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State Dems and GOP Still Dancing Around Unofficial Ballot Boxes, But Who's Dancing Lead?

Twitter user Rebecca Albarran posted this photo on Monday of an unofficial ballot drop box outside St. Rose of Lima Catholic Church in Simi Valley. (Screengrab from Twitter)
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California Republicans and Democrats have been performing an awkward tango all week over the GOP’s use of unofficial ballot boxes. The dancing continued today with more mixed messages coming from Democratic elected officials and state GOP leaders.

In a press conference Friday, Secretary of State Alex Padilla and Attorney General Xavier Becerra first said they have no plans for legal action against the California GOP because, they said, the party had removed the offending ballot boxes.

“Despite the rhetoric in the press,” said Padilla, “the Republican Party has agreed to no longer deploy unstaffed and unsecured ballot drop boxes."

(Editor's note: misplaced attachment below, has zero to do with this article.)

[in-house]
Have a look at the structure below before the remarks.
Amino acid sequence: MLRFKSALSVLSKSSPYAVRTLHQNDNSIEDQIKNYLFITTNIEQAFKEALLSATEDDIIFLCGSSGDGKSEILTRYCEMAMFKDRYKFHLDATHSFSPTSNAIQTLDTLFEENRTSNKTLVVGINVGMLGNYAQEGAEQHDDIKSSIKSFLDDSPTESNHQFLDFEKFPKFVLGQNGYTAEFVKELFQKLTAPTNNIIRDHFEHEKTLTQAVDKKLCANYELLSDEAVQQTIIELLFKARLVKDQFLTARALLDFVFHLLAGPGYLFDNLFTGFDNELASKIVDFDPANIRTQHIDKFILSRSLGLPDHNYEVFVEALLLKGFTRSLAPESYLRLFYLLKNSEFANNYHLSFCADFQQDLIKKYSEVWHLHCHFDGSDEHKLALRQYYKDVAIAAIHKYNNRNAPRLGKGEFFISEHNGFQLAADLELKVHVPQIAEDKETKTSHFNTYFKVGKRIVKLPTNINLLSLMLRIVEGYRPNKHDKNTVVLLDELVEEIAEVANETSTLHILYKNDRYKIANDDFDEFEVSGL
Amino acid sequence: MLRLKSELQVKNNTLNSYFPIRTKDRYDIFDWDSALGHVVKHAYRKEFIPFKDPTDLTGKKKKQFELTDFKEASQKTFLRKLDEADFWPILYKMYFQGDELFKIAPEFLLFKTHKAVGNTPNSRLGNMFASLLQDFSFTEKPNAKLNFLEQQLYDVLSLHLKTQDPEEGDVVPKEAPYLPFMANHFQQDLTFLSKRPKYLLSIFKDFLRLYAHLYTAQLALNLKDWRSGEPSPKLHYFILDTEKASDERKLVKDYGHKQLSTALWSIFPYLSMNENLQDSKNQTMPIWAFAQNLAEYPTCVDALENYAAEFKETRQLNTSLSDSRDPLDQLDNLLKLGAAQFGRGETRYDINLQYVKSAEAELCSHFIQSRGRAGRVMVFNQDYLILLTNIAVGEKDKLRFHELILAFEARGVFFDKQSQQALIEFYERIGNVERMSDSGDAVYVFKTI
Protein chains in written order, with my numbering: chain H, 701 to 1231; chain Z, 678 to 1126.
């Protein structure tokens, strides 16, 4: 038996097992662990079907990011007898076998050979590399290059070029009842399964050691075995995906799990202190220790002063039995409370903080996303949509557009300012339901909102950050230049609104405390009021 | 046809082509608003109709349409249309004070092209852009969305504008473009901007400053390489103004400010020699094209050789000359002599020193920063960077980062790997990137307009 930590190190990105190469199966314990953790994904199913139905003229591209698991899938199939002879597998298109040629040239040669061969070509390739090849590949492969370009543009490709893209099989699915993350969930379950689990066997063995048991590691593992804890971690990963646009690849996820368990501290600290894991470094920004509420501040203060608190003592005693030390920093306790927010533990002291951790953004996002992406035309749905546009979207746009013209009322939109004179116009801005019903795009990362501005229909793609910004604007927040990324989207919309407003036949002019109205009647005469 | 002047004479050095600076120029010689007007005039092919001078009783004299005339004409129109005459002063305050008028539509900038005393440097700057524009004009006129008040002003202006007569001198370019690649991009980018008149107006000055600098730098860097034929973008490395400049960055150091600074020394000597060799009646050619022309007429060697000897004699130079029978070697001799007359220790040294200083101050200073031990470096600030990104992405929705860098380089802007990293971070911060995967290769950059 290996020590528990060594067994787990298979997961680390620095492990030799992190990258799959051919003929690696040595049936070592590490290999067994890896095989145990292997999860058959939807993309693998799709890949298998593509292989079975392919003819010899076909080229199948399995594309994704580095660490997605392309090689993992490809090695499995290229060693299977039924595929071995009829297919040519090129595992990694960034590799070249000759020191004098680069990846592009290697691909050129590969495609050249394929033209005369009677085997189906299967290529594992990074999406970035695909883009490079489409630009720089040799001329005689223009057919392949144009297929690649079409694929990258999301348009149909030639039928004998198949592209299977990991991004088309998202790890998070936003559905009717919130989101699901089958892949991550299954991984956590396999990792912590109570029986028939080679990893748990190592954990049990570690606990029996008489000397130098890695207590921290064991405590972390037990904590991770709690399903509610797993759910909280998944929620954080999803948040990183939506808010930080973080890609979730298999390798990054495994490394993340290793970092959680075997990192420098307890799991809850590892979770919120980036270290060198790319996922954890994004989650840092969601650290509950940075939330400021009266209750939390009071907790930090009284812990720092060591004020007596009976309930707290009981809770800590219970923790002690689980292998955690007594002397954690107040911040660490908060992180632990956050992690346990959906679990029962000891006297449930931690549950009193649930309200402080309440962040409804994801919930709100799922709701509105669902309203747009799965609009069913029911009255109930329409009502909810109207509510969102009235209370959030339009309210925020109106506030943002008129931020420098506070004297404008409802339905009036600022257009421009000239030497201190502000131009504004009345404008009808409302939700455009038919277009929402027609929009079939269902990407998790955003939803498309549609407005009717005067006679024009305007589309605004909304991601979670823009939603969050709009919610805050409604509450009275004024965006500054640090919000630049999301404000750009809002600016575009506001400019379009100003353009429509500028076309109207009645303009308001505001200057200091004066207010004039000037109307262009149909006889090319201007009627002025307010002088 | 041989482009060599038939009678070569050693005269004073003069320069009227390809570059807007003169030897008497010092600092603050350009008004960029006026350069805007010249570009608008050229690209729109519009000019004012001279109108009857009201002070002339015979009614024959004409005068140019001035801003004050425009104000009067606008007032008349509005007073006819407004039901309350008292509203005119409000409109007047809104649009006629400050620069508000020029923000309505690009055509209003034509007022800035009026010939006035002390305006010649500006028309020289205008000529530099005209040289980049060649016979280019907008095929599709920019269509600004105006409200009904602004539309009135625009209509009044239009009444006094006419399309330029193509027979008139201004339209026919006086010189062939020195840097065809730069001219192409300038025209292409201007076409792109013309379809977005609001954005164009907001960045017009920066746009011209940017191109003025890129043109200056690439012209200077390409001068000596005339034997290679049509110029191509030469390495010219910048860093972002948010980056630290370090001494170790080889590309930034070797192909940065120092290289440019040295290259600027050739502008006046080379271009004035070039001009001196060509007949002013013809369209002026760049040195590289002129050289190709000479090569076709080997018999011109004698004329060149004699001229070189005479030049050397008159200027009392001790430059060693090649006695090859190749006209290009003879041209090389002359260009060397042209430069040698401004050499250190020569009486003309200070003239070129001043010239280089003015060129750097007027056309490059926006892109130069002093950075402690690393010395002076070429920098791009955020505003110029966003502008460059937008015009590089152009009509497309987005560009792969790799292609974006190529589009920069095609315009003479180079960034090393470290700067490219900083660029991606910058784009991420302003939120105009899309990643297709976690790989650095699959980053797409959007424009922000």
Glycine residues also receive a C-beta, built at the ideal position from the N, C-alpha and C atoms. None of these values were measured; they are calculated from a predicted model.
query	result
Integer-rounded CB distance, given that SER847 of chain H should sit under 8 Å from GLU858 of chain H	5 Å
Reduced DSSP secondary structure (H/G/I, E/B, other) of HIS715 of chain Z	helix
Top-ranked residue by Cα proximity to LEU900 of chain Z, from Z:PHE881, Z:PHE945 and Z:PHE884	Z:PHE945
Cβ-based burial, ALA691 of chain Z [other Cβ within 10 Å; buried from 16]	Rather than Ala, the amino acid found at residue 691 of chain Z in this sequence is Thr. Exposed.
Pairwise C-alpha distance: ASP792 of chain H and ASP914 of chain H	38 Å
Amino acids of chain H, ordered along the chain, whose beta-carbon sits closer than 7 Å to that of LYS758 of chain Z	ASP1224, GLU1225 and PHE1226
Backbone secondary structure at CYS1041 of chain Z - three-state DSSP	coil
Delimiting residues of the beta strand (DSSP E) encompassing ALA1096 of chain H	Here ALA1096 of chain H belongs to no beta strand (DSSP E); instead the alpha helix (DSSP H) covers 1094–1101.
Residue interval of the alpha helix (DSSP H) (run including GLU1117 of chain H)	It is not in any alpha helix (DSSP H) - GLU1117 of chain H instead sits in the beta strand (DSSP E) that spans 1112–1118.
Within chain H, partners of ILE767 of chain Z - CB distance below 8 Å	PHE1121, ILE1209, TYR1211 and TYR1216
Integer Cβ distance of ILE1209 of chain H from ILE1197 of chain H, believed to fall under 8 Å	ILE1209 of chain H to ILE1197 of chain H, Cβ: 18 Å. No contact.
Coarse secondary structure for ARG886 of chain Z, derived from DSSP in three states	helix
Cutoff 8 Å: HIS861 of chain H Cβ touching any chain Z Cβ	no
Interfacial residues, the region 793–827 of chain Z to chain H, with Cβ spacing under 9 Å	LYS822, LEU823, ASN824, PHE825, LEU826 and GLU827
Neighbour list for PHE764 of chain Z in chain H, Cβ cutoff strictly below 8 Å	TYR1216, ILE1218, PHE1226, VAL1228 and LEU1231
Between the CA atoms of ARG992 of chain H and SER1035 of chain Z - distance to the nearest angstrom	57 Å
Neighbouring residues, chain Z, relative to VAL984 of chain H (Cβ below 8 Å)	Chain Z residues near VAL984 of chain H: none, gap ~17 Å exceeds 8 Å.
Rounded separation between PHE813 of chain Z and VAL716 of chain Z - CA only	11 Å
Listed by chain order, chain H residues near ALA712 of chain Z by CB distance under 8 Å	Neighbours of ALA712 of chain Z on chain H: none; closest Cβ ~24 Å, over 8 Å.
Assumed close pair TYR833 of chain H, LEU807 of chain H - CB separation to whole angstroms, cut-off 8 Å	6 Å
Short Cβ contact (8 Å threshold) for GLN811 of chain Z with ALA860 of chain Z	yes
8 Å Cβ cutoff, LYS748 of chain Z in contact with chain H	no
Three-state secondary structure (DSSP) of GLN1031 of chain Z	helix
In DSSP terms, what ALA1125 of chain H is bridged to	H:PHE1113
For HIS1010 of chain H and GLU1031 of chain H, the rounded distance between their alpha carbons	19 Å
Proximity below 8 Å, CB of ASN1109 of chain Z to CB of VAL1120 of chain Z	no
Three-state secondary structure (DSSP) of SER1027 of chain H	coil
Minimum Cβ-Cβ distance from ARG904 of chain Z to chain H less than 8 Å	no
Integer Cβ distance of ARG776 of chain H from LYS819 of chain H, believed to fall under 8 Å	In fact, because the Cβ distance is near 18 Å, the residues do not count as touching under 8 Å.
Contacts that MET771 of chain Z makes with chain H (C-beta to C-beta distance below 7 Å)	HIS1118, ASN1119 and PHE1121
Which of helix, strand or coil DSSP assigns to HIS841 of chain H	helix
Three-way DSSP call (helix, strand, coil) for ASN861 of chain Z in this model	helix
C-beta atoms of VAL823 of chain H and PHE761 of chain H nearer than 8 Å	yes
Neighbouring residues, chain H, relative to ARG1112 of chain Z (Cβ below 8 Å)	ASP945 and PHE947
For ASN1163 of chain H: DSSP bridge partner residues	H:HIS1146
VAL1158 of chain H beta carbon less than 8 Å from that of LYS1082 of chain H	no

But Padilla later said in a press release that the Attorney General would be issuing subpoenas for more information from the party about the boxes.

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“There are still outstanding questions about the scope and practices of the Republican Party’s misleading ballot collection operation,” Padilla said in the emailed statement," later adding, “this investigation will remain on-going, and we will take further legal action as necessary.”

On Friday, during the press conference where state officials declared the ballot boxes had been removed, Republicans such as State Senator Melissa Melendez were touting the program and promising the boxes were “secure.”

California GOP spokesman Hector Barajas said:

“The Secretary of State and Attorney General didn't know the facts and didn't bother to learn them before accusing us [of breaking the law] on Monday. We can't agree to not do something we weren't doing to begin with. They could have shortened this press conference by simply saying ‘Sorry.'”

So, are the unofficial boxes still being used? Will state officials take the GOP to court? Stay tuned.


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